Masks em­bolden peo­ple to act dif­fer­ently

Richmond Times-Dispatch Weekend - - Editorial Page -


A. Barton Hin­kle’s col­umns are among my fa­vorites, but I think his opin­ion in his Com­men­tary col­umn, “Free the Rich­mond Four,” is wrong.

In ad­di­tion to be­ing cow­ardly, and just plain creepy, wear­ing masks makes nor­mal hu­man in­ter­ac­tion im­pos­si­ble by block­ing our abil­ity to read vis­ual fa­cial clues. Wear­ing a mask may also change the wearer’s be­hav­ior; anonymity may em­bolden a per­son to act in so­cially un­ac­cept­able ways. There’s a rea­son why crim­i­nals, vil­lains in hor­ror movies, and shamans in re­li­gious rit­u­als wear masks — it strikes fear in oth­ers.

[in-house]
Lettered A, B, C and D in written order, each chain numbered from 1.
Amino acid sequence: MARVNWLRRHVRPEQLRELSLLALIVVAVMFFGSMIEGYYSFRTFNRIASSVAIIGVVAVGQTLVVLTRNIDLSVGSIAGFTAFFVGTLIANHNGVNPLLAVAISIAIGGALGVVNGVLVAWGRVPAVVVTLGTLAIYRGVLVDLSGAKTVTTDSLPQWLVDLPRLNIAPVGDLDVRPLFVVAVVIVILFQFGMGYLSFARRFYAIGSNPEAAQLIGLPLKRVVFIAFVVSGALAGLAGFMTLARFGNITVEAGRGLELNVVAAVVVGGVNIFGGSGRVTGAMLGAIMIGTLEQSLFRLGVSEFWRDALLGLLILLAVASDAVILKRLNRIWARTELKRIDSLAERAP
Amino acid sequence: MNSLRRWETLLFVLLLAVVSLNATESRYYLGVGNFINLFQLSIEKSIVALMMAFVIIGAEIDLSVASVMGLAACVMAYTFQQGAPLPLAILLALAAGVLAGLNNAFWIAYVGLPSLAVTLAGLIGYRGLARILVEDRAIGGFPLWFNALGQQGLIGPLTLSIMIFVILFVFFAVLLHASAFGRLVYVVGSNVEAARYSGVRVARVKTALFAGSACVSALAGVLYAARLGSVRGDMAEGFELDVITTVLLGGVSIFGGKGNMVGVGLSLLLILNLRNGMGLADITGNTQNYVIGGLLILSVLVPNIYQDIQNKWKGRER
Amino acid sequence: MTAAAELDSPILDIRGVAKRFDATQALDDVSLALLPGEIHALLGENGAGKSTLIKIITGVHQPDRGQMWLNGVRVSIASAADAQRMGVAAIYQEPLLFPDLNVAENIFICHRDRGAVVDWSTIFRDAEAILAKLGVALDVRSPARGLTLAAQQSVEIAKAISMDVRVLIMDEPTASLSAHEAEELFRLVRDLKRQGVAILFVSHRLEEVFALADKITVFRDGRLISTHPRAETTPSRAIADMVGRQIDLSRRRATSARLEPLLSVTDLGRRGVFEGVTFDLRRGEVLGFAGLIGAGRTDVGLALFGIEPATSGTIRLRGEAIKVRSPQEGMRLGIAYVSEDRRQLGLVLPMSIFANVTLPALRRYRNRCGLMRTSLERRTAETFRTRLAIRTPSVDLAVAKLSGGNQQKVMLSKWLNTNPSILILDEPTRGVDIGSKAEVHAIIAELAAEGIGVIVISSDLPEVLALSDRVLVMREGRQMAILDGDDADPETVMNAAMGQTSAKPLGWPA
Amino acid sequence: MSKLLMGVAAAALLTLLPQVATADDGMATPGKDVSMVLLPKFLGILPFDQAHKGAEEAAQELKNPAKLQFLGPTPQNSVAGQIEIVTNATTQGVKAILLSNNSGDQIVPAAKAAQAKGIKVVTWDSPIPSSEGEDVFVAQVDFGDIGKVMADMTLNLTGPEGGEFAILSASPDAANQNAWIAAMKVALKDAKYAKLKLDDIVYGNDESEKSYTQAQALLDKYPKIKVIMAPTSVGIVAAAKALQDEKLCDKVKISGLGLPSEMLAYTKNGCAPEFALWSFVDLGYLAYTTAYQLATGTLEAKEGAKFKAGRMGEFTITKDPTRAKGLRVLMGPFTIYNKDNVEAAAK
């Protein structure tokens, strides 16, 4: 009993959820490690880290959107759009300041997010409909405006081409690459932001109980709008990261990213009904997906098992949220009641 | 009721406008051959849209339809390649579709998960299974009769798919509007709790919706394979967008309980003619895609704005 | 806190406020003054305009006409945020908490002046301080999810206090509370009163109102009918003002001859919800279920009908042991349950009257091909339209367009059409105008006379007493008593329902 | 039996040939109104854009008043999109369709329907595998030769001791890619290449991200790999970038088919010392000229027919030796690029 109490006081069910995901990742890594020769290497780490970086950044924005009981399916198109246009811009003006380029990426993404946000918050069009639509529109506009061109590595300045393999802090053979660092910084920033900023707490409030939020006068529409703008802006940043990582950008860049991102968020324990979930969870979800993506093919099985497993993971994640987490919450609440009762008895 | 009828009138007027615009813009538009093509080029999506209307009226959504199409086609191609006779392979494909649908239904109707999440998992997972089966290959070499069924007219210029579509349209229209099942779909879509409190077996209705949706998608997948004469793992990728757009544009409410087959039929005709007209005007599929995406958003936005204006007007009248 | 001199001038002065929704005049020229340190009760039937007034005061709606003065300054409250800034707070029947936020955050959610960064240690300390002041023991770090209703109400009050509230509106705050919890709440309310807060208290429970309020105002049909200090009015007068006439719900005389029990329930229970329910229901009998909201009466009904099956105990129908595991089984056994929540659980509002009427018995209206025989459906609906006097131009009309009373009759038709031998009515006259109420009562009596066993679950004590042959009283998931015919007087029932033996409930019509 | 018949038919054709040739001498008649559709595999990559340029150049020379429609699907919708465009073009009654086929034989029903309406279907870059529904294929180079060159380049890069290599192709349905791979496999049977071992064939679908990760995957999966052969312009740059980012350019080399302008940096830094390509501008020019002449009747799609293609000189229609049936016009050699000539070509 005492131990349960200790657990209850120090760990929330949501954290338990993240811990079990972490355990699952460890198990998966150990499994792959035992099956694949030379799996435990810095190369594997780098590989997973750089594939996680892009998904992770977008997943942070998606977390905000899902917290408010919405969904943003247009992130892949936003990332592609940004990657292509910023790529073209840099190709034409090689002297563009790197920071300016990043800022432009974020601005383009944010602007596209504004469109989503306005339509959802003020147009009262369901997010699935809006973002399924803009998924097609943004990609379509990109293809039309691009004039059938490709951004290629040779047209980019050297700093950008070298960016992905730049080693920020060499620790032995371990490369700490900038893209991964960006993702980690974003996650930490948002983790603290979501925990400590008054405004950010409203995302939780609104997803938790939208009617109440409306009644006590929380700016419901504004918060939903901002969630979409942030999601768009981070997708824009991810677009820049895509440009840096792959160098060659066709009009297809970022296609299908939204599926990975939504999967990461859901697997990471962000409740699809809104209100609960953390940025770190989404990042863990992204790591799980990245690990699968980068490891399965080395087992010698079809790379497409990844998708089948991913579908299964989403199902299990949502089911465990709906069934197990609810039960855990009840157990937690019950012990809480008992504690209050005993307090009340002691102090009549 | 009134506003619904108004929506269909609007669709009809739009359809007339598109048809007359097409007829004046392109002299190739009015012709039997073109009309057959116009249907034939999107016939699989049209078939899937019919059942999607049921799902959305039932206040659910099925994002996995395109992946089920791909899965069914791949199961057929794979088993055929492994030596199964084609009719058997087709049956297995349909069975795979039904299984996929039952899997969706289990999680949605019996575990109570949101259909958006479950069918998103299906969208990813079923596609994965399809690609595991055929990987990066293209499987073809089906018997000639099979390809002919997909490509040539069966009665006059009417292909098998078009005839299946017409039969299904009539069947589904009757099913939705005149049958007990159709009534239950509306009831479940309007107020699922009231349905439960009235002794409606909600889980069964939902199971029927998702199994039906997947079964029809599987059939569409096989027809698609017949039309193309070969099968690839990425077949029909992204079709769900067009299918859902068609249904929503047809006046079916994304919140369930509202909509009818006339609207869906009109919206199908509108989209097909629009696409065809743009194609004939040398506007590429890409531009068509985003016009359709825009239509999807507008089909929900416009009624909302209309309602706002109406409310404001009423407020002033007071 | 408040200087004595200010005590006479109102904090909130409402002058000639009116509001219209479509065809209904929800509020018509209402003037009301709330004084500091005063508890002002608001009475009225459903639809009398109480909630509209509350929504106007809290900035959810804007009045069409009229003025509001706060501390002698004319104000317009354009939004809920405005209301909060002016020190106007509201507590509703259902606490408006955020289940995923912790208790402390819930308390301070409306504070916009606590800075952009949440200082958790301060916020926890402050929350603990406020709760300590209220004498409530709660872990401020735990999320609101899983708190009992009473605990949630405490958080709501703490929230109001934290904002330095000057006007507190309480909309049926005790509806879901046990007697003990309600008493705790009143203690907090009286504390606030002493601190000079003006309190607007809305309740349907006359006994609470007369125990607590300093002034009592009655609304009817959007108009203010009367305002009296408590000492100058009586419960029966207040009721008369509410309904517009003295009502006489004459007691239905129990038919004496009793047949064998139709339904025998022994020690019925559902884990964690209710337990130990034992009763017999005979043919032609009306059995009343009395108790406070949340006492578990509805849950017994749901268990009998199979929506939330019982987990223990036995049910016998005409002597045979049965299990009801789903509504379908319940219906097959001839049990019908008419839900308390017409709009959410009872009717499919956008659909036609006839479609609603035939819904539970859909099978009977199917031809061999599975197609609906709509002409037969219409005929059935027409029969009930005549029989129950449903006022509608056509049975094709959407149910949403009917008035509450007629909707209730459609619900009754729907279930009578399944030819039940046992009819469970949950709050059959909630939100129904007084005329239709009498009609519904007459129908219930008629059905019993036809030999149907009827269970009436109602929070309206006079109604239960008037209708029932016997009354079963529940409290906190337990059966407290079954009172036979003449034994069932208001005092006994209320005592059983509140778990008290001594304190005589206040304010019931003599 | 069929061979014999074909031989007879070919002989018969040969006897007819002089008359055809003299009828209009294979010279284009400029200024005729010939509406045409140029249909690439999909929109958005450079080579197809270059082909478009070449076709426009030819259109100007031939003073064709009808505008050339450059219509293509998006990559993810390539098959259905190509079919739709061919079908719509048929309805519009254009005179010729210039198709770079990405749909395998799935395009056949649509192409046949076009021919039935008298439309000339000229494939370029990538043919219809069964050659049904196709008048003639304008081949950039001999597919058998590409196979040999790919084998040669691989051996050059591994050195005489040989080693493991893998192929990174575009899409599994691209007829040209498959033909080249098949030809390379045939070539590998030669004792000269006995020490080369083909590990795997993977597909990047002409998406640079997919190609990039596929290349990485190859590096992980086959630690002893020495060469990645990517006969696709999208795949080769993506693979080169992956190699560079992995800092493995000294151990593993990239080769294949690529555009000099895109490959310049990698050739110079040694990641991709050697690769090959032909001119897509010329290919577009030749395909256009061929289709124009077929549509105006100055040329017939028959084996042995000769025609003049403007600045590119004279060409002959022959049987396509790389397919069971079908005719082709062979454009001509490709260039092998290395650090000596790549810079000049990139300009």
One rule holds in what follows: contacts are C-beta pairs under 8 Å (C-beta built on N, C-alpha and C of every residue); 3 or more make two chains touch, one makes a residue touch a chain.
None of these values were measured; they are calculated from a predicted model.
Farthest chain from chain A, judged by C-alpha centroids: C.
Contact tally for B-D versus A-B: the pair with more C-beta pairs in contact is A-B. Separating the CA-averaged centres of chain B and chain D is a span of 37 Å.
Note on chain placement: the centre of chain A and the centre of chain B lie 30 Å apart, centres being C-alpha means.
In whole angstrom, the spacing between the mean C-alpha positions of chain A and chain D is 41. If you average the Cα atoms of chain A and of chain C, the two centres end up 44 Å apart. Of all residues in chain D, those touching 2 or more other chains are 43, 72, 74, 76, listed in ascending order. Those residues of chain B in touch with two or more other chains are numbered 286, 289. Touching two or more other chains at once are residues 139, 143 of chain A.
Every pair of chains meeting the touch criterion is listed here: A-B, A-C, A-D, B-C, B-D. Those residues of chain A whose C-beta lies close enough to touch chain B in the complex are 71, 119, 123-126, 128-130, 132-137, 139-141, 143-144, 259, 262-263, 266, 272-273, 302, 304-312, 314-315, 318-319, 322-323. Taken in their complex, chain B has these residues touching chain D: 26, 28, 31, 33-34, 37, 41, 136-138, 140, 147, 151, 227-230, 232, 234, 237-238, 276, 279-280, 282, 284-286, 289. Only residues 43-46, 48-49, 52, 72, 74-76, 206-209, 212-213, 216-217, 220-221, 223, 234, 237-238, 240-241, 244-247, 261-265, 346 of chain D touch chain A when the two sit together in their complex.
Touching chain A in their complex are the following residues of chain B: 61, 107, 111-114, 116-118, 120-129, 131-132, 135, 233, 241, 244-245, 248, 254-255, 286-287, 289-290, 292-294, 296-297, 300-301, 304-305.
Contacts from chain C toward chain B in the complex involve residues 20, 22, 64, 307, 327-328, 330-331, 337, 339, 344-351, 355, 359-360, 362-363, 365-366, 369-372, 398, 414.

Can you imag­ine Ma­hatma Gandhi, Nel­son Man­dela, Dr. Martin Luther King Jr., or any of the suf­frag­ists, wear­ing a mask to a protest?



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